CDC initiates an investigation into fatal influenza case in Brazil; H1N1 variant found in pigs. This is a representational image. KATERYNA KON/SCIENCE PHOTO LIBRARY/Gettyimages

The World Health Organization has revealed that the Centers for Disease Control and Prevention (CDC) will be conducting an investigation into a fatal influenza infection in Brazil.

The death has been attributed to an H1N1 variant that is spreading among pigs.

Instances of H1N1 swine flu "spillovers," where the virus transfers from infected pigs to humans, have been sporadically observed worldwide in individuals who have had contact with infected pigs.

However, it remains unclear how the patient in this specific case contracted the virus. The deceased individual, a 42-year-old woman residing in the state of Paraná, Brazil, did not have any direct contact with pigs.

"Based on the information currently available, WHO considers this a sporadic case, and there is no evidence of person-to-person transmission of this event. The likelihood of community-level spread among humans and/or international disease spread through humans is low," the WHO said in a statement published Friday.

Investigators have discovered that two individuals in close contact with the deceased woman worked at a pig farm located nearby. However, both individuals have tested negative for influenza and did not exhibit any respiratory symptoms, CBS News reported.

This raises further questions about the source of the H1N1 variant infection in the case of the woman's tragic death. Further investigations are underway to determine the origin and transmission route of the virus in this particular situation.

"To date, sporadic human infections caused by influenza A(H1N1)v and A(H1N2)v viruses have been reported in Brazil, and there has been no evidence of sustained human-to-human transmission," the WHO said.

Health authorities in Brazil have conducted initial analyses on the sample and confirmed that the virus responsible for the woman's death is H1N1.

The strain is closely related to previous samples of H1N1 found in the region, indicating its regional prevalence.

The CDC, one of the World Health Organization's collaborating centers in global flu surveillance, stated that they have not yet received the specimen from Brazilian authorities.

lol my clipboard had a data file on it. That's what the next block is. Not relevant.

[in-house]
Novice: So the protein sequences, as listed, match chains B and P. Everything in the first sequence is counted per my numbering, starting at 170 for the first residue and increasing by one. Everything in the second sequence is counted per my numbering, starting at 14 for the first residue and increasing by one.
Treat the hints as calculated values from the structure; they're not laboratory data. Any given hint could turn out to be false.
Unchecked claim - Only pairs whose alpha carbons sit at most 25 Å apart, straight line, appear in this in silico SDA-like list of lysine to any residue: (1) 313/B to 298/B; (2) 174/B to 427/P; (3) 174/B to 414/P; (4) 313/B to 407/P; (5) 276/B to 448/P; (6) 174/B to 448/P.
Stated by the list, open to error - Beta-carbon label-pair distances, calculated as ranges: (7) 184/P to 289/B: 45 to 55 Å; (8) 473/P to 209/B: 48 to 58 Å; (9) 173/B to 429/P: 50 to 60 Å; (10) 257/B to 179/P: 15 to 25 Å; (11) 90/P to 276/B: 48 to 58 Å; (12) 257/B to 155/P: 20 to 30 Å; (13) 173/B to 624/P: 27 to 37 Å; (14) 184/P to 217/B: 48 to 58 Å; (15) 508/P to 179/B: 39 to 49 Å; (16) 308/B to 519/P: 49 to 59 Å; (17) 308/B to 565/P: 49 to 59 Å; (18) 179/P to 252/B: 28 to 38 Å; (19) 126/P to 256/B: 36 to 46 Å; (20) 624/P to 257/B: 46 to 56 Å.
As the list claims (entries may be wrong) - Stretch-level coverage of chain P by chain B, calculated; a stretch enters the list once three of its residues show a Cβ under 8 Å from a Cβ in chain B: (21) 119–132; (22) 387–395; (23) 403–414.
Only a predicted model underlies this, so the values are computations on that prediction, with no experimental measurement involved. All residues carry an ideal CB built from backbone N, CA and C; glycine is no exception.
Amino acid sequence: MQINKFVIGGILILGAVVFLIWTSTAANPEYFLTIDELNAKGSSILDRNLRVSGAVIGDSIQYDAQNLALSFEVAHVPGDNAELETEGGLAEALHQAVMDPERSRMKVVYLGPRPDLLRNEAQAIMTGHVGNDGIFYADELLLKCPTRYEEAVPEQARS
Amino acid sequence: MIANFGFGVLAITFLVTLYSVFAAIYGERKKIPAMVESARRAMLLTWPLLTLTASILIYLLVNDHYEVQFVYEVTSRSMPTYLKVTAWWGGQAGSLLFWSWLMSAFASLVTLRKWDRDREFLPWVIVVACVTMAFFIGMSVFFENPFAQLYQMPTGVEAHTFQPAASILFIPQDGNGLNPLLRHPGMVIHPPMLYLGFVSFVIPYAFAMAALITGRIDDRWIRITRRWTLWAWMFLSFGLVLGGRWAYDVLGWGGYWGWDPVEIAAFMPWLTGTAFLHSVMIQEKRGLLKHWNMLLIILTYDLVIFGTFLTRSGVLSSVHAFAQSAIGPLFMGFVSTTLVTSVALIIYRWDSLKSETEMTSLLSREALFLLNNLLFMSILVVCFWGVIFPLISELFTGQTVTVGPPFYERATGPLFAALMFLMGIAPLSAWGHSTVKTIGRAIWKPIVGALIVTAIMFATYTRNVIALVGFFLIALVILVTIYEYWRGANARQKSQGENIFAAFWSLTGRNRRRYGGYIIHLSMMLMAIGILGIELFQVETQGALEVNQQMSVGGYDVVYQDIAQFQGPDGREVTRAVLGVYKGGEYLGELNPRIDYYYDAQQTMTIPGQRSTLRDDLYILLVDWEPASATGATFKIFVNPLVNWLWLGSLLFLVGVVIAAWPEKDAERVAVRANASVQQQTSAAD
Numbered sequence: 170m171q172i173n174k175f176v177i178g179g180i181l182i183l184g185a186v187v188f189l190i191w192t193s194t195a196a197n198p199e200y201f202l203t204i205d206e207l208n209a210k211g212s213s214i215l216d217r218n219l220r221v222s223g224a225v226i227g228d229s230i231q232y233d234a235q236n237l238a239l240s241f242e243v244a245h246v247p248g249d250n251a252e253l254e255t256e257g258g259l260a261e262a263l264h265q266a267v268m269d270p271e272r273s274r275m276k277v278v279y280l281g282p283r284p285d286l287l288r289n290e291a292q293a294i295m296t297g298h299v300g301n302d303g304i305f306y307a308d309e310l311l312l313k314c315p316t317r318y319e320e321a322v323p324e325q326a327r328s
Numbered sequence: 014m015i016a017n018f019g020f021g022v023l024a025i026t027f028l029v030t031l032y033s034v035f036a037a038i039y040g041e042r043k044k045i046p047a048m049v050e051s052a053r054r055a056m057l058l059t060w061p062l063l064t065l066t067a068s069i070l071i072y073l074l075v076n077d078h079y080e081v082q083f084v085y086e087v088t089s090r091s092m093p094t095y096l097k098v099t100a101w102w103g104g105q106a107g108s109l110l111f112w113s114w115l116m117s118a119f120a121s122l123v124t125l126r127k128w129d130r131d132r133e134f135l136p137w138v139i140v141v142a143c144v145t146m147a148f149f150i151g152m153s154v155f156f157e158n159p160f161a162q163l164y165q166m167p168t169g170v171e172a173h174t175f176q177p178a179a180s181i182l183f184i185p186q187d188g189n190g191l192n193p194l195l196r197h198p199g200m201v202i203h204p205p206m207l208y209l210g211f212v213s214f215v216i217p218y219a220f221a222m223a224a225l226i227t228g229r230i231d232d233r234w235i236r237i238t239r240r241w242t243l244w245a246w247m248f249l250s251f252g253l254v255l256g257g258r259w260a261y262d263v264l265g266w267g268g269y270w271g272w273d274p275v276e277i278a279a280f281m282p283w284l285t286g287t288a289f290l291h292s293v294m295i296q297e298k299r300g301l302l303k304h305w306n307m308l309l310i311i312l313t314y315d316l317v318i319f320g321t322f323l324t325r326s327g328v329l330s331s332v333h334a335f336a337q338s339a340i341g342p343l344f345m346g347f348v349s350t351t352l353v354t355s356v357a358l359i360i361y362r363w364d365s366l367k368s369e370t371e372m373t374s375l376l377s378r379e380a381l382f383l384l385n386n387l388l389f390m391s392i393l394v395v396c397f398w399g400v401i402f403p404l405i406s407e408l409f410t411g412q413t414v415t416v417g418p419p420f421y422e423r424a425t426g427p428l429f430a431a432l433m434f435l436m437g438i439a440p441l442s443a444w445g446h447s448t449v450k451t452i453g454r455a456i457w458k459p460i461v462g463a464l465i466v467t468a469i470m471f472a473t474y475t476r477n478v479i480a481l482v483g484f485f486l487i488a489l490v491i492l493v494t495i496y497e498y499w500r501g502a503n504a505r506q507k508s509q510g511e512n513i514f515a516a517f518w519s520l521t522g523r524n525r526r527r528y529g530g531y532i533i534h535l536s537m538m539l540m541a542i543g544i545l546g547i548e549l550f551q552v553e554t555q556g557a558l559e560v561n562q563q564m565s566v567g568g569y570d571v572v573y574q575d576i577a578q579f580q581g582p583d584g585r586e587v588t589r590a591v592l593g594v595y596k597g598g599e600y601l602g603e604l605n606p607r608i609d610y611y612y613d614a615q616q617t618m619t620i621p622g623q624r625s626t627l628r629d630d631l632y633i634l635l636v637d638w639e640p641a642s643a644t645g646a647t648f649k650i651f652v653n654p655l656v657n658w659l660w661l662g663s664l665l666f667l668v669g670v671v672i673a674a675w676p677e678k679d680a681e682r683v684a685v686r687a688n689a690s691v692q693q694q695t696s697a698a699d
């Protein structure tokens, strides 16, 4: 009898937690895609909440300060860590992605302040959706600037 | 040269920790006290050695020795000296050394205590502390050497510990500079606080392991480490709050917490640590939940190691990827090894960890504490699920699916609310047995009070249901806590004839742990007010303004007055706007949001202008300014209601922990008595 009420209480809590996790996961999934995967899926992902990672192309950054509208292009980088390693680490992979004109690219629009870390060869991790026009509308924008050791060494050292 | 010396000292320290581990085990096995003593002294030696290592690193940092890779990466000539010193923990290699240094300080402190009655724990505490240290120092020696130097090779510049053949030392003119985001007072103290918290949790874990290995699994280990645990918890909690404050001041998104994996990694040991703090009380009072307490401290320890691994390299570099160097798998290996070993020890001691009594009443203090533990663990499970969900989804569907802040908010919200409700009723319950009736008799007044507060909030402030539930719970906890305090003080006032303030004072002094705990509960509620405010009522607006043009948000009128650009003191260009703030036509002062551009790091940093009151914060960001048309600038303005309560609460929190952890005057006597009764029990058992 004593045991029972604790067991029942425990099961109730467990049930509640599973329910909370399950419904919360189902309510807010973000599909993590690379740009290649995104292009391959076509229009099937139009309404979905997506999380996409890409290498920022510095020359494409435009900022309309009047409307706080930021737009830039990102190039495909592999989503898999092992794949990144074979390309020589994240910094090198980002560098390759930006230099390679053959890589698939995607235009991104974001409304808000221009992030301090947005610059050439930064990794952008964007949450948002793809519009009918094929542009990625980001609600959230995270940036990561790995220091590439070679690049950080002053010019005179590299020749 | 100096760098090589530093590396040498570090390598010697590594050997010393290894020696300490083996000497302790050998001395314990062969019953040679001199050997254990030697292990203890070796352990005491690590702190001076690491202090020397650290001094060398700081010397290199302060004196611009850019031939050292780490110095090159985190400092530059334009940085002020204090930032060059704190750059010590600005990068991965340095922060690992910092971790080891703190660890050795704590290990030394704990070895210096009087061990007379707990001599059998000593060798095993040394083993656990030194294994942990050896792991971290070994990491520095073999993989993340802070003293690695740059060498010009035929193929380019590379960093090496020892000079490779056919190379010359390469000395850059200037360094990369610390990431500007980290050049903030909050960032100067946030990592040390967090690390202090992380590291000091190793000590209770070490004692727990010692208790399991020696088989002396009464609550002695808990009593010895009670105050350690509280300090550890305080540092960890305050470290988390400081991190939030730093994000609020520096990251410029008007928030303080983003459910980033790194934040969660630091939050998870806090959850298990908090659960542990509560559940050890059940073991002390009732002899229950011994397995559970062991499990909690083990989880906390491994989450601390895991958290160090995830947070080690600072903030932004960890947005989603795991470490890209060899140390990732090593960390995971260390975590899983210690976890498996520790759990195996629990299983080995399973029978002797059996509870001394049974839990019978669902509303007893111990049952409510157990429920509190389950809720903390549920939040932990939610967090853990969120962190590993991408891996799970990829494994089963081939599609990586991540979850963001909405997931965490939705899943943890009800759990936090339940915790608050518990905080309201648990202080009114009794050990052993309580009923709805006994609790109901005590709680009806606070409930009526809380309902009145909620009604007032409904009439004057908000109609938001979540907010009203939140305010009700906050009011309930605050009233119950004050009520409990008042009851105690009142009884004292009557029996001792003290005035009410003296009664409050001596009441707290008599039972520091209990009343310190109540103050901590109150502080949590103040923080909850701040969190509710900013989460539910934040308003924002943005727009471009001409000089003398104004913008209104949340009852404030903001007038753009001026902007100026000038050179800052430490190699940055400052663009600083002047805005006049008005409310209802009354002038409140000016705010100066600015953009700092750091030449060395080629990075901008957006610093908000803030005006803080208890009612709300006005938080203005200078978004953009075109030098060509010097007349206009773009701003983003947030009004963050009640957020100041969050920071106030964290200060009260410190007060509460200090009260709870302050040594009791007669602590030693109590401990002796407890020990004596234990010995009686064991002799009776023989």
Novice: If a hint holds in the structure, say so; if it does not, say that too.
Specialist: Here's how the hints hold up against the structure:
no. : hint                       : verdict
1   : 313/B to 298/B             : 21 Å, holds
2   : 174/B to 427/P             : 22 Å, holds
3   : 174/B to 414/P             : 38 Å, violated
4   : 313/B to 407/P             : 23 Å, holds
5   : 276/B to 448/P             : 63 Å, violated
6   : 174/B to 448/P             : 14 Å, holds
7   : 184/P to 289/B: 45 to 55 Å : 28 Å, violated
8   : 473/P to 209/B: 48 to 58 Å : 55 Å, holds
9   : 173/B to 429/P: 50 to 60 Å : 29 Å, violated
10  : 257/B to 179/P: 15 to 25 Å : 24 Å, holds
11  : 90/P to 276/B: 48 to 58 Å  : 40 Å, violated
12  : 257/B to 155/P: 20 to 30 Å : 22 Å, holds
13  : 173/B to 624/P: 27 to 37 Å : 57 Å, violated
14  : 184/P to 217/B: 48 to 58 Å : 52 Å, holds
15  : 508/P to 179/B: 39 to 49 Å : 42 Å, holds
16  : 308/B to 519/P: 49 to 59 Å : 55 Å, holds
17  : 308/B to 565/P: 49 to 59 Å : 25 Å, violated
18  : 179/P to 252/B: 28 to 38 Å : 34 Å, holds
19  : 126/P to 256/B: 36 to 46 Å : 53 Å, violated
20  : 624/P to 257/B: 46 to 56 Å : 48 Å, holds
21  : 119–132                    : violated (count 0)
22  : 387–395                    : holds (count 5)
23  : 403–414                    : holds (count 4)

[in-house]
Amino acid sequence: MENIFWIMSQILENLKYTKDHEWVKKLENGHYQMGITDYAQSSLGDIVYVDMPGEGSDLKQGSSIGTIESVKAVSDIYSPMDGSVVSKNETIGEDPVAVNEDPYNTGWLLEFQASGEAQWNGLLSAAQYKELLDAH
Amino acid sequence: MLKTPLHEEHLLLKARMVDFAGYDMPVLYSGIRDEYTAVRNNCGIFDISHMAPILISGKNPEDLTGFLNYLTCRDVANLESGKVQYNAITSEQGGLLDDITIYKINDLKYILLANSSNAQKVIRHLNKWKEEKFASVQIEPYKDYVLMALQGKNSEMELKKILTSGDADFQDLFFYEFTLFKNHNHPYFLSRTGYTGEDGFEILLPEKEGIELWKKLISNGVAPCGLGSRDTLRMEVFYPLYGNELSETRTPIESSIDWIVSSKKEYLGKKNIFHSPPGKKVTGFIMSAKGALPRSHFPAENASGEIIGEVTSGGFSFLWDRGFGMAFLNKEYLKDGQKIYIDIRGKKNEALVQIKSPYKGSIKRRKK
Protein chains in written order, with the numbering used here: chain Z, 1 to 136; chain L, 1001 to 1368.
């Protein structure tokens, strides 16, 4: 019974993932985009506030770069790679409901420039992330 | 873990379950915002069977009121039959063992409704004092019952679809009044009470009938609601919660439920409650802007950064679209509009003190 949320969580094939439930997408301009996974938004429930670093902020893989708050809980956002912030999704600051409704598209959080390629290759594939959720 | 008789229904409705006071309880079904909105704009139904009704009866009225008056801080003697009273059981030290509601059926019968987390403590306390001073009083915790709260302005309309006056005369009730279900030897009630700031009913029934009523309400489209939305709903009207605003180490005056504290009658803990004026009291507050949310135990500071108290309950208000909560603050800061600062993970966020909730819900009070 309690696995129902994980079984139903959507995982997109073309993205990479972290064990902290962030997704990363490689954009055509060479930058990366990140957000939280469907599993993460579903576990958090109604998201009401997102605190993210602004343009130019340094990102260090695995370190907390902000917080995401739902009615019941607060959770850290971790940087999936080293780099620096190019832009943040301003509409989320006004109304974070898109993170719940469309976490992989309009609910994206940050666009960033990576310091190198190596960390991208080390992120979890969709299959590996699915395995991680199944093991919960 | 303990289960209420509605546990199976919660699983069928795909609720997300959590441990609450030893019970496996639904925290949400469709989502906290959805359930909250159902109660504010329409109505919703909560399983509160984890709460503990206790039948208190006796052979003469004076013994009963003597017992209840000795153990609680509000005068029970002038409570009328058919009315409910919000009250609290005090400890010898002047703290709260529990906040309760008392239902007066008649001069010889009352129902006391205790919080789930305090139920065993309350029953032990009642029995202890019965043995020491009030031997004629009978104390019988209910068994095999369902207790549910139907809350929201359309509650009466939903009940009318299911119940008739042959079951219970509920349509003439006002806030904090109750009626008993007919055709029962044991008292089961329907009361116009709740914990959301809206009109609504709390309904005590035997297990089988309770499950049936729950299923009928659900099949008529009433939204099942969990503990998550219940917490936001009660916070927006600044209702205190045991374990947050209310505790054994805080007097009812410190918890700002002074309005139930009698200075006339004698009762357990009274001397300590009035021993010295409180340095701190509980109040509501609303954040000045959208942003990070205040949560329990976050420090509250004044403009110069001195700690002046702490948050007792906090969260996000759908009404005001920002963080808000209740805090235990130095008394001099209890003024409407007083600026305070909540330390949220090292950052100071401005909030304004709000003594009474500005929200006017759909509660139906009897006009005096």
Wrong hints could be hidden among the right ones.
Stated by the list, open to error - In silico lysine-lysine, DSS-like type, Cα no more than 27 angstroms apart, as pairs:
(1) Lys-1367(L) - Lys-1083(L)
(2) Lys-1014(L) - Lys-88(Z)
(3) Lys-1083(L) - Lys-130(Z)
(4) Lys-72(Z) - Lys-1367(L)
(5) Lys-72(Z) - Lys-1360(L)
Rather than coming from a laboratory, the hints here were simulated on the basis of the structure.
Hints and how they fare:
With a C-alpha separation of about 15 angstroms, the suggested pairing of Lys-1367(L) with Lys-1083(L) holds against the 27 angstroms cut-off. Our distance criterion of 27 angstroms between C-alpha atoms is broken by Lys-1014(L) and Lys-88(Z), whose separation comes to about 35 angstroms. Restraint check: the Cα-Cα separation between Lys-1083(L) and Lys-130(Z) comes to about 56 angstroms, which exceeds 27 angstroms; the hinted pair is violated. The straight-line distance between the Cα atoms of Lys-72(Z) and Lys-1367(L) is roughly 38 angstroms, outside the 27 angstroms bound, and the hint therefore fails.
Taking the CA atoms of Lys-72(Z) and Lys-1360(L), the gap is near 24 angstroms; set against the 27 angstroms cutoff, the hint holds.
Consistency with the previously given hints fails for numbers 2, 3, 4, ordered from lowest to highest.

The CDC plays a vital role in studying thousands of sequenced flu viruses each year, comparing their genetic makeup with previous variants that have affected both animals and humans.

As the investigation continues, the CDC's involvement and access to the specimen will contribute to the understanding of the H1N1 variant and its implications for public health.

The Biden administration has been actively preparing to intensify efforts in detecting cases of potentially hazardous new flu variants that could transmit to humans.

With the increasing concern over the widespread outbreak of avian flu among birds across the Americas, it becomes imperative to address the threat it poses.

Furthermore, previous years have witnessed instances of "novel influenza virus infections" occurring in humans who had direct contact with animals at events such as agricultural fairs.

By enhancing surveillance measures, the administration aims to proactively identify and monitor any emerging flu variants, thereby mitigating the potential risks to public health.

"Given the severity of illness of the recent human cases, CDC has also been discussing with partners the feasibility of increasing surveillance efforts among severely ill persons in the ICU during the summer months, when seasonal influenza activity is otherwise low," the CDC's Carrie Reed said at a recent webinar with testing laboratories.

In a recent CDC analysis, a severe case of bird flu infection in a Chilean man earlier this year has revealed concerning indications.

The analysis identified changes in the virus that suggest it may possess the potential to become more transmissible among humans in the future.

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